Bob - In our days, you had Manitou and then the Westside, over town, maybe you went out to the east side - Hancock - that was the end of town, except for that strip out on Platte Avenue. From there, you went out to Fillmore and there were a few businesses and the Alexander company that made the airplanes and across the street they had the landing field for their little planes. That was another thing we'd do - go up there and take families and they'd have free air shows. That was the end of town north. Nowadays you hate to get to the east side of town, it gets so congested at times. And we had all our stores downtown, we had our department stores, we had Woolworths, we had Kress', we had Penney's…
       Q - Didn't Old Colorado City have more nitty gritty stores then, too?
       Bob - You start there in the 2400 block on the south side and there was a jeweler, then there was an empty store, a bakery, Mapes garage, an insurance, coal, a grocery store, and then there was something and the Blue Lantern Café, then there was George Cross', and there was the hardware store, barber shop, shoe repair store, and then Hobbs', the pool hall, Osborne's, then across the street was Ben Hamilton's meat market, and next to it was a grocery store - Safeway came in there at that time and eventually they bought Ben Hamilton out. And you had the bar and the beauty shop and the sanitary laundry, and you go on and on.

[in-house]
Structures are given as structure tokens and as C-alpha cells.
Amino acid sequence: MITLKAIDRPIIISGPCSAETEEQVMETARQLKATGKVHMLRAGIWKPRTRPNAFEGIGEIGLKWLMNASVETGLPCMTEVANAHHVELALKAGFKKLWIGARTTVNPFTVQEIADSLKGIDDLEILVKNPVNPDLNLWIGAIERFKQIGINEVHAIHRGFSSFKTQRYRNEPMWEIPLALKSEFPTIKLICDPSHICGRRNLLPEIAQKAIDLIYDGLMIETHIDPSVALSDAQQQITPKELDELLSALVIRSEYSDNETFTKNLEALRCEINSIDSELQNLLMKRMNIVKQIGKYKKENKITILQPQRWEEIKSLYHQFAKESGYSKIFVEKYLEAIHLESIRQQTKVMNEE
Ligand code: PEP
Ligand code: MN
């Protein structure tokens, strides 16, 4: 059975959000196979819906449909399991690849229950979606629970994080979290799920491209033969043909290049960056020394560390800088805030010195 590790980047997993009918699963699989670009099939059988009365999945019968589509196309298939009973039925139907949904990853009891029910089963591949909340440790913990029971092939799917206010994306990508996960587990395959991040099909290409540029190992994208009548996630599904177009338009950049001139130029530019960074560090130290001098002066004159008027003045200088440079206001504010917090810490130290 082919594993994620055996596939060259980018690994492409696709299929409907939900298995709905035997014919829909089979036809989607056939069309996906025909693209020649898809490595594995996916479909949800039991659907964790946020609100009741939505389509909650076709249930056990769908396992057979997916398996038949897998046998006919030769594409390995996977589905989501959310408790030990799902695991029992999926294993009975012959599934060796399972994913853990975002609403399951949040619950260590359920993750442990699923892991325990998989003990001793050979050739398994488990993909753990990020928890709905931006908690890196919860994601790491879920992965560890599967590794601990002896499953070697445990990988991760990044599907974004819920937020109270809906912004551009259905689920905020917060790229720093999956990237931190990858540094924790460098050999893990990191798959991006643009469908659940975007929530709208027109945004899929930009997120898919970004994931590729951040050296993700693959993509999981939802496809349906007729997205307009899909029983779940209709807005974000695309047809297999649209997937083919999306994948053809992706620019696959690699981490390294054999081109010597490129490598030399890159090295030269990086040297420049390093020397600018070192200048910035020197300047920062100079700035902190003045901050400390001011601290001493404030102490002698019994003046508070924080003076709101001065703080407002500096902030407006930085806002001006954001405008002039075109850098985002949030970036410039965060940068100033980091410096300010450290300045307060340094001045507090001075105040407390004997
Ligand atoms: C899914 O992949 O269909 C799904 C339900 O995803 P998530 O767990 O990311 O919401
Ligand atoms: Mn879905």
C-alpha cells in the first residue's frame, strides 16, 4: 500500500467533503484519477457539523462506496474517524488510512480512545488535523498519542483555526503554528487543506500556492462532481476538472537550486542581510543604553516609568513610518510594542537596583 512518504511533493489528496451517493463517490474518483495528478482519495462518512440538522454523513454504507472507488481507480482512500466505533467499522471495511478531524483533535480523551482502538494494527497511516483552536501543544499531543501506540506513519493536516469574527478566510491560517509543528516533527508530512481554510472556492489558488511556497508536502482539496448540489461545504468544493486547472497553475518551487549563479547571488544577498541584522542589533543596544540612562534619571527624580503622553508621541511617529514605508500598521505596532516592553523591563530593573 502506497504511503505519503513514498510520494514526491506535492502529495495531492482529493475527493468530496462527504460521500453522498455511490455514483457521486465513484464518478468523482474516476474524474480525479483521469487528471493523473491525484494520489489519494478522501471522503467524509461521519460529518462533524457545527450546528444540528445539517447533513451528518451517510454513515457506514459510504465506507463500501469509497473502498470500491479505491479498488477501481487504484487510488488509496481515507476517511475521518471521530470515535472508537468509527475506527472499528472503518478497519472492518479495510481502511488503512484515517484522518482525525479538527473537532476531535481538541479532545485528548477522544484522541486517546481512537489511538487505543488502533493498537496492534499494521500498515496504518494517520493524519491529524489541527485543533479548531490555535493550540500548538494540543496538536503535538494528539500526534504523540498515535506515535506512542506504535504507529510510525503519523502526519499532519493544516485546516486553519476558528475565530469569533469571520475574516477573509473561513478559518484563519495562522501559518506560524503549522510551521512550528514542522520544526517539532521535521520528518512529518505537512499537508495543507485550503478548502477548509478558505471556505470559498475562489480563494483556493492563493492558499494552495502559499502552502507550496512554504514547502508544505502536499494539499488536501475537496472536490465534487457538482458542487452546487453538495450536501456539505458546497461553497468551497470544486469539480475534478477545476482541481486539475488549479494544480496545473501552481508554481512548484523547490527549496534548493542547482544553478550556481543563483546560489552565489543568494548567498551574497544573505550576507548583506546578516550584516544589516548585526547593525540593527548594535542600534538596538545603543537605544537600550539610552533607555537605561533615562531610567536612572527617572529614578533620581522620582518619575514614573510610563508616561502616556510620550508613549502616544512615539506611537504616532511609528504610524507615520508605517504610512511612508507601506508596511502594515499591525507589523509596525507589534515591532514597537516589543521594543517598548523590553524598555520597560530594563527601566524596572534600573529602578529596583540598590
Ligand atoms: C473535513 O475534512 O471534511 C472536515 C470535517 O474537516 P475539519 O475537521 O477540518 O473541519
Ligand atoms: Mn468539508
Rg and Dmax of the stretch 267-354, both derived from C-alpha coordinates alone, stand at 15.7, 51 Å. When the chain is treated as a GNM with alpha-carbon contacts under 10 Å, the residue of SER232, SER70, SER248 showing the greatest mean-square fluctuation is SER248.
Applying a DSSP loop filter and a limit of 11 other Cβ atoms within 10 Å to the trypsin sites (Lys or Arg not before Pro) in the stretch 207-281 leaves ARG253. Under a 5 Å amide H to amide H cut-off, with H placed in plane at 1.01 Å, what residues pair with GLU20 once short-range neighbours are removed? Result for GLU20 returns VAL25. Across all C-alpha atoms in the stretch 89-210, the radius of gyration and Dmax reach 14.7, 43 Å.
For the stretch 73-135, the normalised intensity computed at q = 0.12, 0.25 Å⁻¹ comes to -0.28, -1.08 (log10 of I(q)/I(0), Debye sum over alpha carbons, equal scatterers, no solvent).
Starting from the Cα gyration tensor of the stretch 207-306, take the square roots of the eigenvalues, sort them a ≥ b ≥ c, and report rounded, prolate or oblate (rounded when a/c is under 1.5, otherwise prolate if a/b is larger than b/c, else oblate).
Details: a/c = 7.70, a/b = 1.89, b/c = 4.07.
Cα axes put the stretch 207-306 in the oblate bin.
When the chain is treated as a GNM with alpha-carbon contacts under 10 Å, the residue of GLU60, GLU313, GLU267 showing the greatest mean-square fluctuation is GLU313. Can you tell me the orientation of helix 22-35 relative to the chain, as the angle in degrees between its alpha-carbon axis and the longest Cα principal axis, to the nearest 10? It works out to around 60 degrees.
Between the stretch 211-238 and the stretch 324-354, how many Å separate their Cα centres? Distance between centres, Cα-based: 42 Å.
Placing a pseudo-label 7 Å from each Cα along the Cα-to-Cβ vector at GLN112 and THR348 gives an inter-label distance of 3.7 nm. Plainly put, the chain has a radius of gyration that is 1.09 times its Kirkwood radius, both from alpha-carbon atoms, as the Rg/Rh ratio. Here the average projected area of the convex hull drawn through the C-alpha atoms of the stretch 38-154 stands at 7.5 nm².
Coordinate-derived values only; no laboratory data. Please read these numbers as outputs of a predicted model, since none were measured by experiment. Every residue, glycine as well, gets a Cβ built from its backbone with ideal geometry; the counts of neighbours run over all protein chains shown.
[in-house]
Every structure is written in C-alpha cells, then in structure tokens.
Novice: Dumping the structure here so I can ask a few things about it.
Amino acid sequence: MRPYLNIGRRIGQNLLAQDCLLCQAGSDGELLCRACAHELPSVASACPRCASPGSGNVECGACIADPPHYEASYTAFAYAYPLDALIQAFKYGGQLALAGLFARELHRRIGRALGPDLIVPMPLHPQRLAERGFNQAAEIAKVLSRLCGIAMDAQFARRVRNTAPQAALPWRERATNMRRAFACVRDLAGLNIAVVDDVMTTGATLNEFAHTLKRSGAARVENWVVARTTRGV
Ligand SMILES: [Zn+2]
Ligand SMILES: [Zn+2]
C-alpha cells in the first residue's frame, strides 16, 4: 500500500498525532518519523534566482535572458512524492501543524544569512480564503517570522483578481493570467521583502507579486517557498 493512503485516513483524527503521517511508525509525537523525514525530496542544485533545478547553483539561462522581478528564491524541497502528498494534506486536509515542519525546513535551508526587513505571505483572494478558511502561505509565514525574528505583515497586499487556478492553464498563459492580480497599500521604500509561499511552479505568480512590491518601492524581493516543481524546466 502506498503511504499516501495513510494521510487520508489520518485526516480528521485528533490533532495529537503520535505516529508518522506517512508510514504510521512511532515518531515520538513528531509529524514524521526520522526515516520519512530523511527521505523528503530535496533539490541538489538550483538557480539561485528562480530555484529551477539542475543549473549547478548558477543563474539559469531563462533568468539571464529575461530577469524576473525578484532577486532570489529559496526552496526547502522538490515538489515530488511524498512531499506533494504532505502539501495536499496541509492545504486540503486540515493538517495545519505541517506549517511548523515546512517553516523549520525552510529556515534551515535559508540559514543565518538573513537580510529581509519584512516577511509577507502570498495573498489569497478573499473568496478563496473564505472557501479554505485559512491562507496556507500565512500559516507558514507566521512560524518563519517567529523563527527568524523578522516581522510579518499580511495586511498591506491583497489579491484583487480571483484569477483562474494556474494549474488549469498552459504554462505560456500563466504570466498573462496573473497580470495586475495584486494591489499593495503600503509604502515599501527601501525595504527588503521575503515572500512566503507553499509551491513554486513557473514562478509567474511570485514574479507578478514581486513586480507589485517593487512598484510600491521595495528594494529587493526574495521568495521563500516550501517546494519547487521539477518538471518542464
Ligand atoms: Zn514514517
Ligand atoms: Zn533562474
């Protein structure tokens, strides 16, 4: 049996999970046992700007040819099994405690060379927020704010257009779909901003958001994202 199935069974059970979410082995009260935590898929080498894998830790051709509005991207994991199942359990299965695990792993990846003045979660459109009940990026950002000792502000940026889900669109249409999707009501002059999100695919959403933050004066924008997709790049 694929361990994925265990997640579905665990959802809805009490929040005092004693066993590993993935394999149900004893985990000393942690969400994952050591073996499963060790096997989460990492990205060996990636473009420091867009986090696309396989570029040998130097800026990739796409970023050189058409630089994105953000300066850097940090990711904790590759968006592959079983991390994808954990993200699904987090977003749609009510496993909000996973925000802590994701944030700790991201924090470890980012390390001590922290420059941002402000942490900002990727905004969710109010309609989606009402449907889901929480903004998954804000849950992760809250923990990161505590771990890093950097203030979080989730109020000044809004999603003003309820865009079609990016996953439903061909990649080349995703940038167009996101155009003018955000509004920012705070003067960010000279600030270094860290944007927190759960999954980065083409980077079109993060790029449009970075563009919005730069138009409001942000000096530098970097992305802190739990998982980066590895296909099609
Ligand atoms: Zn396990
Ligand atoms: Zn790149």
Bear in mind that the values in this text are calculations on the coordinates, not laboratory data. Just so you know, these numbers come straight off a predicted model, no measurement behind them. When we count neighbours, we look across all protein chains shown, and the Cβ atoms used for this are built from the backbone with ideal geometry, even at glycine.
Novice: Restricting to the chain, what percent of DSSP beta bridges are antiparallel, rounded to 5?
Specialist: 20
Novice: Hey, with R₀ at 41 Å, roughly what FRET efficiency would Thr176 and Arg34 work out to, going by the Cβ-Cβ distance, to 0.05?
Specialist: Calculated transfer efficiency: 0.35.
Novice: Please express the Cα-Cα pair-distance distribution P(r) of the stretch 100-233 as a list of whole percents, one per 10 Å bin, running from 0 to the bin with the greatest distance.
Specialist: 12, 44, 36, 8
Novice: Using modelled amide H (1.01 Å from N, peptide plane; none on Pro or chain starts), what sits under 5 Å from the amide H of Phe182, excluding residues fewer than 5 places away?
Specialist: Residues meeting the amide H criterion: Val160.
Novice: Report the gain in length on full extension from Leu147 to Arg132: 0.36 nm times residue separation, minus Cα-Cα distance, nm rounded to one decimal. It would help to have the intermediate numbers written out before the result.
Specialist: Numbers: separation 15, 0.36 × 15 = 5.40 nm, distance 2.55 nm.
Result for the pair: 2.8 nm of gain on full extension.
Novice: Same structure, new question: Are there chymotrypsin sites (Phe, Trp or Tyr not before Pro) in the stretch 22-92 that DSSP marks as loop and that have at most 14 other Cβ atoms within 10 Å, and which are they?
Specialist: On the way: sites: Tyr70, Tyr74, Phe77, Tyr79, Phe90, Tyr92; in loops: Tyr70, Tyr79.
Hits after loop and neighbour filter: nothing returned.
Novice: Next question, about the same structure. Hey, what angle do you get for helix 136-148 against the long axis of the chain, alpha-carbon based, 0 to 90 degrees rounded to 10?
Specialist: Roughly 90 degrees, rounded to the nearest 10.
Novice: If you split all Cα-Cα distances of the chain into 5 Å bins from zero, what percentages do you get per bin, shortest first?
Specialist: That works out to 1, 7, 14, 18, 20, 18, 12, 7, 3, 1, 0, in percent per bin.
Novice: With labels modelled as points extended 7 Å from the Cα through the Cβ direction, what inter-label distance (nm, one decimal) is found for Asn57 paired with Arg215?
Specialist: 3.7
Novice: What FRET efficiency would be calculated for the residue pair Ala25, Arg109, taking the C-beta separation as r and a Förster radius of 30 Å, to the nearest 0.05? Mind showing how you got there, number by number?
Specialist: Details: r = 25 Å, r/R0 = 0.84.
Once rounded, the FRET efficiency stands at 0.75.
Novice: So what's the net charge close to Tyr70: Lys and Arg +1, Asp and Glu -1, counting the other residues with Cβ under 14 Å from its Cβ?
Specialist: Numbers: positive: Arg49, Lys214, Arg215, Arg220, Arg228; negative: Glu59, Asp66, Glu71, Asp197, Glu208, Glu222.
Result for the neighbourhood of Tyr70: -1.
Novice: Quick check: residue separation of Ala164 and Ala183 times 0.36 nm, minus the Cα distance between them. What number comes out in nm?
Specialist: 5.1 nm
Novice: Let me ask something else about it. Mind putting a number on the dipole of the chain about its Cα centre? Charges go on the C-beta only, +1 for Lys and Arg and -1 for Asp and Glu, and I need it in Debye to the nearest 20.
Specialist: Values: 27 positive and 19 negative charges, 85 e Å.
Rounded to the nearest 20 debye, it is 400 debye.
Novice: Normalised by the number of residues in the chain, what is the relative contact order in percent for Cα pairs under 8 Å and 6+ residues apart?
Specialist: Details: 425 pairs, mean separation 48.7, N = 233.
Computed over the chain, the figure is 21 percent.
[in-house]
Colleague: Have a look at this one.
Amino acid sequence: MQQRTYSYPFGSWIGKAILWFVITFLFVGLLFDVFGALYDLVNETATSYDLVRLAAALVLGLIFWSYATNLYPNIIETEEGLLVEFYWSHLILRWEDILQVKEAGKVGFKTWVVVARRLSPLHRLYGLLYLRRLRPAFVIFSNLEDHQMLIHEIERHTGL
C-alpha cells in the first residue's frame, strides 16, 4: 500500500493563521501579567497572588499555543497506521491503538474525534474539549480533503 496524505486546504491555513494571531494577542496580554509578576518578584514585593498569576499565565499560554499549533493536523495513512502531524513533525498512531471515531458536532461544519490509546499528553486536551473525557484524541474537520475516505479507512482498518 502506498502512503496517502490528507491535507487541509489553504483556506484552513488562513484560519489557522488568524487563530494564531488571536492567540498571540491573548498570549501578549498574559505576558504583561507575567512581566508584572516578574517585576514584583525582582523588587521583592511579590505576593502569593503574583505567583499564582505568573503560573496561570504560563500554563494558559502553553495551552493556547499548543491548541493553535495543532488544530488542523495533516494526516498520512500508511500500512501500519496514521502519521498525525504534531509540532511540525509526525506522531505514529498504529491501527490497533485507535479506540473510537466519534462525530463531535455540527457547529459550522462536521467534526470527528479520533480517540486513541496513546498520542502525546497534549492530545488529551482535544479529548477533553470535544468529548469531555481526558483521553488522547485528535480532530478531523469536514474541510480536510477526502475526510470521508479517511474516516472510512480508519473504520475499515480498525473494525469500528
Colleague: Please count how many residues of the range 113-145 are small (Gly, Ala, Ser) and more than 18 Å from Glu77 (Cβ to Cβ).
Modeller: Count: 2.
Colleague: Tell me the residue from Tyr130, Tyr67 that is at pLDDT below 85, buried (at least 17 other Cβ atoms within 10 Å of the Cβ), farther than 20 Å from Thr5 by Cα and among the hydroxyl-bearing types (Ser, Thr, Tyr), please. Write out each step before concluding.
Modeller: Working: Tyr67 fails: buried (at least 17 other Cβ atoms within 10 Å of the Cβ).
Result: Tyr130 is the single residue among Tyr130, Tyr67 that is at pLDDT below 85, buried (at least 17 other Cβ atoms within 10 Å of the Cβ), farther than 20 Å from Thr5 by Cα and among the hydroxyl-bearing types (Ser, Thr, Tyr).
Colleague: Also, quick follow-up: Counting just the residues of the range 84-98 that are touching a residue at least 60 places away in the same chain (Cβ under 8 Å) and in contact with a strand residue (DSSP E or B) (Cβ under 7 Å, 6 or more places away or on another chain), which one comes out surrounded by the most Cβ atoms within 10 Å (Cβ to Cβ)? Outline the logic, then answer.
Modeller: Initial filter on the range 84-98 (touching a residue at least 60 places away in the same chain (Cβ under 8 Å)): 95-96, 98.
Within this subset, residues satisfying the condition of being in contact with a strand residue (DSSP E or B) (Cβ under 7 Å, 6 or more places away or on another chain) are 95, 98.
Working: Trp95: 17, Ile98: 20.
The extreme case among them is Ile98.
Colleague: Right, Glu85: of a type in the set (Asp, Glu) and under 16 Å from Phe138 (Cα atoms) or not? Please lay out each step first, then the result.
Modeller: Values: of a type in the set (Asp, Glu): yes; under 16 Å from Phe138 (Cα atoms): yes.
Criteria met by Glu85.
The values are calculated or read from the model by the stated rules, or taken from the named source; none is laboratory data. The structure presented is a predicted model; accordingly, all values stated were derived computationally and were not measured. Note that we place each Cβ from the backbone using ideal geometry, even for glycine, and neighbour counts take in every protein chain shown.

Q - Naming store after store like that - that's good.
       Neil - Every Friday night we'd come in from Glen eyrie to Osborne Drug and have a soda. My dad loved ice cream. That was our big Friday night deal.
       Q (to Bob) - Your mom [Charlotte Edgar] was a native of the Springs?
       Bob - She was born here in 1902, lived all her life on the Westside and died at age 98. When she was a little girl, she went out to the castle [at Glen Eyrie, where Colorado Springs founder William Palmer lived until his death in 1909], when Palmer would have Christmas parties. [Note: Edgar's grandfather, Pat Wolgamood was carpenter foreman at Glen Eyrie then.] And she kept some toys, a dog and a horse, an elephant and a little stove that she and my uncle had gotten from Palmer for Christmas. So when she died, my brother and I took them down to the museum and put them in with Palmer's stuff. I was down there the other day, and they've got the stove, and the elephant and the dog are in with the toys and stuff. But they were beautiful toys. They said down there that Palmer paid a lot of money for them.

Westside Pioneer interview and transcription

“In their own words” question/answer interviews are an occasional feature in the Westside Pioneer.